War, said Heraclitus, is the father of all things, War is the king of all; and the saying, like most of the apophthegms of the Greek thinker, suggests a profound truth. From a clash of material or other forces everything in this world, if not the world itself, seems to be born; by a struggle of forces, tendencies, principles, beings it seems to proceed, ever creating new things, ever destroying the old, marching one knows not very well whither, — to a final self-destruction, say some; in an unending series of vain cycles, say others; in progressive cycles, is the most optimistic conclusion, leading through whatever trouble and apparent confusion towards a higher and higher approximation to some divine apocalypse. However that may be, this is certain that there is not only no construction here without destruction, no harmony except by a poise of contending forces won out of many actual and potential discords, but also no continued existence of life except by a constant self-feeding and devouring of other life. Our very bodily life is a constant dying and being reborn, the body itself a beleaguered city attacked by assailing, protected by defending forces whose business is to devour each other: and this is only a type of all our existence. The command seems to have gone out from the beginning, “Thou shalt not conquer except by battle with thy fellows and thy surroundings; thou shalt not even live except by battle and struggle and by absorbing into thyself other life. The first law of this world that I have made is creation and preservation by destruction.”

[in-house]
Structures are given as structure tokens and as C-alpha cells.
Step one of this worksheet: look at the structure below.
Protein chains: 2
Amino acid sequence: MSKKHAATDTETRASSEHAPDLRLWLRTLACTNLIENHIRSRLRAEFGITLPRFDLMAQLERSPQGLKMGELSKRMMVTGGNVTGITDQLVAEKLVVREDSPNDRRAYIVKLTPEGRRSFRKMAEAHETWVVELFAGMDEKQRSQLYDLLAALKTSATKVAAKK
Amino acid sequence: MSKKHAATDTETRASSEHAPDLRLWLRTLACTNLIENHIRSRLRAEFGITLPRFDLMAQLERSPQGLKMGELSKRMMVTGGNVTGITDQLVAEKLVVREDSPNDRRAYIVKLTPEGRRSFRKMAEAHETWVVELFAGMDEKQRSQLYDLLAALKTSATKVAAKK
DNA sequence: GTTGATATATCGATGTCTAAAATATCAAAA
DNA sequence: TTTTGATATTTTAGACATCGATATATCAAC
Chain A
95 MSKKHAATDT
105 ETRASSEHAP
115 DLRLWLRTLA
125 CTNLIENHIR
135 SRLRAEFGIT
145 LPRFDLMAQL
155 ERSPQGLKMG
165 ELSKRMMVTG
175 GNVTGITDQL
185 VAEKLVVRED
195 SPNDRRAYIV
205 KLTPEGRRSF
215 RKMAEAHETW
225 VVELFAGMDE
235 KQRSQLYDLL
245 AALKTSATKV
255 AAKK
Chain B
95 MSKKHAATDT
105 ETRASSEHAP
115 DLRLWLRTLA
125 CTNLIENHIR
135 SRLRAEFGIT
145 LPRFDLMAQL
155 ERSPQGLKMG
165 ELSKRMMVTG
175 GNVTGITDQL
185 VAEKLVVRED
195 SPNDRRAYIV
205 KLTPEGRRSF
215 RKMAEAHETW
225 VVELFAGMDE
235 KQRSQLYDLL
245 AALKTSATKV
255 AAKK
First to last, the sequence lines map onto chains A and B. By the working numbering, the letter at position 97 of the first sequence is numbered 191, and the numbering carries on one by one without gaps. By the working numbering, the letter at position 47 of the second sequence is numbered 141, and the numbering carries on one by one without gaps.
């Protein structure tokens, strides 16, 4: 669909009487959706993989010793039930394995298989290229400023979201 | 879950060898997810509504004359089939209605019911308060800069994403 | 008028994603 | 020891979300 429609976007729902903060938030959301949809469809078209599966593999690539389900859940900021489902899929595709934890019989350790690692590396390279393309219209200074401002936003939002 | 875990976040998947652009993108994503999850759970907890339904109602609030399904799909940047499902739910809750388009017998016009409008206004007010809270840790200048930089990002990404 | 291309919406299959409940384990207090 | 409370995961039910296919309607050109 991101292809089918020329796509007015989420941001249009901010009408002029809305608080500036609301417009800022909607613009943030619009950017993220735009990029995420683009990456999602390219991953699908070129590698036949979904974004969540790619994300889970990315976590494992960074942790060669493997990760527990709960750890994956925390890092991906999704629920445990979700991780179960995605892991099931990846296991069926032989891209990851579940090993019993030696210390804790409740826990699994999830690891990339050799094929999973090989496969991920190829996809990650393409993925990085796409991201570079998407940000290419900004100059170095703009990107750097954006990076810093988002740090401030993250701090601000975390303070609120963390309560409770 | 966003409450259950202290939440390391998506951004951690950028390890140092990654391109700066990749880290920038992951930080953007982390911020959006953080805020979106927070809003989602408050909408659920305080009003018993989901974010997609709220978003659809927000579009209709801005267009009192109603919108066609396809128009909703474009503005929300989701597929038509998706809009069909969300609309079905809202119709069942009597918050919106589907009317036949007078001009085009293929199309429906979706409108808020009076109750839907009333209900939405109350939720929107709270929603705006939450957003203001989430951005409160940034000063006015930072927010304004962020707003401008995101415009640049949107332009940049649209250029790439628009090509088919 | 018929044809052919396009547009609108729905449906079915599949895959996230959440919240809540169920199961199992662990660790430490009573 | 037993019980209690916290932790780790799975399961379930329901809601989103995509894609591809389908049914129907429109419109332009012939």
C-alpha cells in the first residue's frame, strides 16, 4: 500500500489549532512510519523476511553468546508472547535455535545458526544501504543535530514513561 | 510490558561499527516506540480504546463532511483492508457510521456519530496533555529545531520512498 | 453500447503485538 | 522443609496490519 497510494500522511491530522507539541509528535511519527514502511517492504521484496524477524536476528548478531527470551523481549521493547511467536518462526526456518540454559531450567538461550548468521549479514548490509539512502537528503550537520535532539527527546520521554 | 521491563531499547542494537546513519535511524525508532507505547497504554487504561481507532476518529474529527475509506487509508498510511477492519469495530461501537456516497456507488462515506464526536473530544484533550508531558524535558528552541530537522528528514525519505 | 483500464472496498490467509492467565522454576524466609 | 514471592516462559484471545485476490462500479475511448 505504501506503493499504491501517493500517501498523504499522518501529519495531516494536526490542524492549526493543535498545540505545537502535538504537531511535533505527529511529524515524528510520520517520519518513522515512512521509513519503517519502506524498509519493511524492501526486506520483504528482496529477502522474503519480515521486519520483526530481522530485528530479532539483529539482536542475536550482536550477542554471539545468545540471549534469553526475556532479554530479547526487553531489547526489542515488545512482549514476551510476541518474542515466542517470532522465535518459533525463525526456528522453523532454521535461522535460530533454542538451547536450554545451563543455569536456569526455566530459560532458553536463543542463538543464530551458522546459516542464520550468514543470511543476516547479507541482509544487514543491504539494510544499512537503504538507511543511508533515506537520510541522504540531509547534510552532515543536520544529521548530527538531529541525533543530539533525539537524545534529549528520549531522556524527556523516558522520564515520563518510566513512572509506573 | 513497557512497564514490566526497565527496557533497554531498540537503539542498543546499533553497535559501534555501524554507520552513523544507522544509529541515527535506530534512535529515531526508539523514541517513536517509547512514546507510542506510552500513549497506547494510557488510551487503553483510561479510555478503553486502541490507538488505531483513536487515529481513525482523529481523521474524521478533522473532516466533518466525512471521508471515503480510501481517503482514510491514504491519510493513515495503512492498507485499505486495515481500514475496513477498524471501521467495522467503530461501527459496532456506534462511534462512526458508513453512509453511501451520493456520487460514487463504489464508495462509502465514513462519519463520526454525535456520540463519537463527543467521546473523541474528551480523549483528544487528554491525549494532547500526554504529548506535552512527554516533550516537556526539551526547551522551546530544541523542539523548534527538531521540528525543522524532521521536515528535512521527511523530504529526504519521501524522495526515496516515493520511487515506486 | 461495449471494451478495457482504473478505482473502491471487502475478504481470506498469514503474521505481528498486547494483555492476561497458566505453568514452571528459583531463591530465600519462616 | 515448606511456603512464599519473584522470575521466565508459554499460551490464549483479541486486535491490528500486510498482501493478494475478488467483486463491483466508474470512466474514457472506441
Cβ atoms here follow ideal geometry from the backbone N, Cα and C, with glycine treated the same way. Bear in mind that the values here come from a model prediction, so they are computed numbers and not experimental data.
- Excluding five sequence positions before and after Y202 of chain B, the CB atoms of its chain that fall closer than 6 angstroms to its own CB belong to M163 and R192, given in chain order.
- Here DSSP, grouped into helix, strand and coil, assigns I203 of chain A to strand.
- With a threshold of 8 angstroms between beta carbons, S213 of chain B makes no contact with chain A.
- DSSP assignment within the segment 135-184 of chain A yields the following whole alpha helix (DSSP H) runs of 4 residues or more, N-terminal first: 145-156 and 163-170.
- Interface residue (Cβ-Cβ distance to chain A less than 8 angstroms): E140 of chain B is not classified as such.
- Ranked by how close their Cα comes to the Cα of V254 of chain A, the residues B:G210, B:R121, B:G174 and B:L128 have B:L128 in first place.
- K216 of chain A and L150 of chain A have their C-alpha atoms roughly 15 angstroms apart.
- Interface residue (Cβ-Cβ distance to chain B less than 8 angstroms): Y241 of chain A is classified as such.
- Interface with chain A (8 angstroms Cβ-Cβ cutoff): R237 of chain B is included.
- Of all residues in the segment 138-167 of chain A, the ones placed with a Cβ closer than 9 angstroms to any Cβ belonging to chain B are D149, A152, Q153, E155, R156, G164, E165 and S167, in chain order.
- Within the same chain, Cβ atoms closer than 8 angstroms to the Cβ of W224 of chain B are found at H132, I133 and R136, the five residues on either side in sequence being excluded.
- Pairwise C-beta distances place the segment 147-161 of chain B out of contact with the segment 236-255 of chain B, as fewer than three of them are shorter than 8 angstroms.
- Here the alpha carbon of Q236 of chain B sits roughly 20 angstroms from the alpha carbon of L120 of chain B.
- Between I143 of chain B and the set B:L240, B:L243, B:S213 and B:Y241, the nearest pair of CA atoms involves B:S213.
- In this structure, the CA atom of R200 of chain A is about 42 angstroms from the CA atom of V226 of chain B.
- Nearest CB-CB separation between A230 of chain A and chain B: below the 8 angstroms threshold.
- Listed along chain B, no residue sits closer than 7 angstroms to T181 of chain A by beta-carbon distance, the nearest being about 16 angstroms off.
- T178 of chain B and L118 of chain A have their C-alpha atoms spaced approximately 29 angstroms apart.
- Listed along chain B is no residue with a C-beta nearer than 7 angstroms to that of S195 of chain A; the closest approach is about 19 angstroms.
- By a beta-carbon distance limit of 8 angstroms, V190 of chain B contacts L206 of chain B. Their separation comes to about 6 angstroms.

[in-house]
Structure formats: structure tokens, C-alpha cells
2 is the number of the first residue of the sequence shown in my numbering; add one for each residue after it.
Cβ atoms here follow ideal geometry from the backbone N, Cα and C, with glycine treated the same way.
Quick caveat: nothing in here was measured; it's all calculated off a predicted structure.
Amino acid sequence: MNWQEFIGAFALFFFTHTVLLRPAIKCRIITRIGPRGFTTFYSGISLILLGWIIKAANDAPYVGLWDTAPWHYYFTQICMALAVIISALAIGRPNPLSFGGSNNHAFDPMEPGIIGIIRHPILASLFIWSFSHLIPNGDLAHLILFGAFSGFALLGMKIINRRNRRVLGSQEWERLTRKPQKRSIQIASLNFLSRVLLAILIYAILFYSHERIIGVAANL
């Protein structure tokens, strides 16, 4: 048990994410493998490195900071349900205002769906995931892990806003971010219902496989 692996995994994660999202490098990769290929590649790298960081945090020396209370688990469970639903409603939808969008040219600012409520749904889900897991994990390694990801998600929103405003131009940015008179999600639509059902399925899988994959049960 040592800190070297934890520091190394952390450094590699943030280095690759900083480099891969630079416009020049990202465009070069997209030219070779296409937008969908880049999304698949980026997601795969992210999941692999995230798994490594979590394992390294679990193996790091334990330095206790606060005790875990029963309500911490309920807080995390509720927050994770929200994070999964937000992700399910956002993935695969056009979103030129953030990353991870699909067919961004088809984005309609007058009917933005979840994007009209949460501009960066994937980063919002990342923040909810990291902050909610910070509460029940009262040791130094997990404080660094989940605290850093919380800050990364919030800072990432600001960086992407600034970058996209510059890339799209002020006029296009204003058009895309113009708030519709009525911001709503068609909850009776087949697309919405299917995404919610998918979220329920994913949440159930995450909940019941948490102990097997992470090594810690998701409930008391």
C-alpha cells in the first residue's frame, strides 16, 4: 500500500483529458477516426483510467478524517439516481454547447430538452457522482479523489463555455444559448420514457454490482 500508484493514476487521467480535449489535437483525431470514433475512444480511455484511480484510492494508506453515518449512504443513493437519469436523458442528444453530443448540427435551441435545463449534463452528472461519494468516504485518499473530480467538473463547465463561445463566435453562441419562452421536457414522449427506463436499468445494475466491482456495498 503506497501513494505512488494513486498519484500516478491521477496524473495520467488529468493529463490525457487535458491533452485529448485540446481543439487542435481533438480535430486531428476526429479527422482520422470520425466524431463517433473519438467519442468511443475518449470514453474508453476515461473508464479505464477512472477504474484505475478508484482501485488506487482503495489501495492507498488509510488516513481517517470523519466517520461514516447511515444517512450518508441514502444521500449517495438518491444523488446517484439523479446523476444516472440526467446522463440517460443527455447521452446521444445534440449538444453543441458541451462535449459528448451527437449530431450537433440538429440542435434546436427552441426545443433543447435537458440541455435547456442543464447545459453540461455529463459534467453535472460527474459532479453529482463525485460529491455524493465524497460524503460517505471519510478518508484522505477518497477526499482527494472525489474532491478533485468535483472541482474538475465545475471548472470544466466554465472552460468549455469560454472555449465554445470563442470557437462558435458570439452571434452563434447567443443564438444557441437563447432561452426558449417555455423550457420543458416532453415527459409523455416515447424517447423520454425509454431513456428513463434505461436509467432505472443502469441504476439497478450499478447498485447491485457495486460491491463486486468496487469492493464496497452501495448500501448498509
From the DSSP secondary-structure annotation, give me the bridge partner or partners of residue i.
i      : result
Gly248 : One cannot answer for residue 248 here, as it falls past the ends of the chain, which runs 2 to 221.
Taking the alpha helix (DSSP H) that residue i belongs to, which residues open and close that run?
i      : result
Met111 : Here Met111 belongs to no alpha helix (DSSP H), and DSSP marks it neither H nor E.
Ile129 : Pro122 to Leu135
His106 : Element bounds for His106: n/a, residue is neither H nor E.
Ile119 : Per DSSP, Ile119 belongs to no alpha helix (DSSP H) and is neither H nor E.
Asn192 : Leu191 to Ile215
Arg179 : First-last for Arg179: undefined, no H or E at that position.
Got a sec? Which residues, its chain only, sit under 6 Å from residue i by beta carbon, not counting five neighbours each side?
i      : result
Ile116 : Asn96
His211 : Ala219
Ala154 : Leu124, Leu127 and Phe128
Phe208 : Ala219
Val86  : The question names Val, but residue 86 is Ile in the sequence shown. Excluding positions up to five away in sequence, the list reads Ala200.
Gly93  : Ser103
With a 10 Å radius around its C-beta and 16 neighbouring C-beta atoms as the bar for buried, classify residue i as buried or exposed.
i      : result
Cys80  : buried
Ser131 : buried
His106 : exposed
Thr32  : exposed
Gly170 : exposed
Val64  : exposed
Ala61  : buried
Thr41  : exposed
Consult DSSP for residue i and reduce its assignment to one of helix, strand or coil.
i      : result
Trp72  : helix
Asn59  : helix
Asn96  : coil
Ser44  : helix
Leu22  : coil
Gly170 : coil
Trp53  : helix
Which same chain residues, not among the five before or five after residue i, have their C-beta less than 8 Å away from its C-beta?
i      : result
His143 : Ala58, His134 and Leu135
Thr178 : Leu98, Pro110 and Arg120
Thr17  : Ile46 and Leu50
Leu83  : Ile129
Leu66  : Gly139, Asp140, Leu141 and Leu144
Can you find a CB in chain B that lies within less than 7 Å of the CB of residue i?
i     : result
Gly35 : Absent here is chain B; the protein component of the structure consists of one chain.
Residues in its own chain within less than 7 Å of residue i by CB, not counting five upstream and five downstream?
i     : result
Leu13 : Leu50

Ancient thought accepted this starting-point so far as it could see it by scrutiny of the universe. The old Upanishads saw it very clearly and phrased it with an uncompromising thoroughness which will have nothing to do with any honeyed glosses or optimistic scuttlings of the truth. Hunger that is Death, they said, is the creator and master of this world, and they figured vital existence in the image of the Horse of the sacrifice. Matter they described by a name which means ordinarily food and they said, we call it food because it is devoured and devours creatures. The eater eating is eaten, this is the formula of the material world, as the Darwinians rediscovered when they laid it down that the struggle for life is the law of evolutionary existence. Modern science has only rephrased the old truths that had already been expressed in much more forcible, wide and accurate formulas by the apophthegm of Heraclitus and the figures employed by the Upanishads.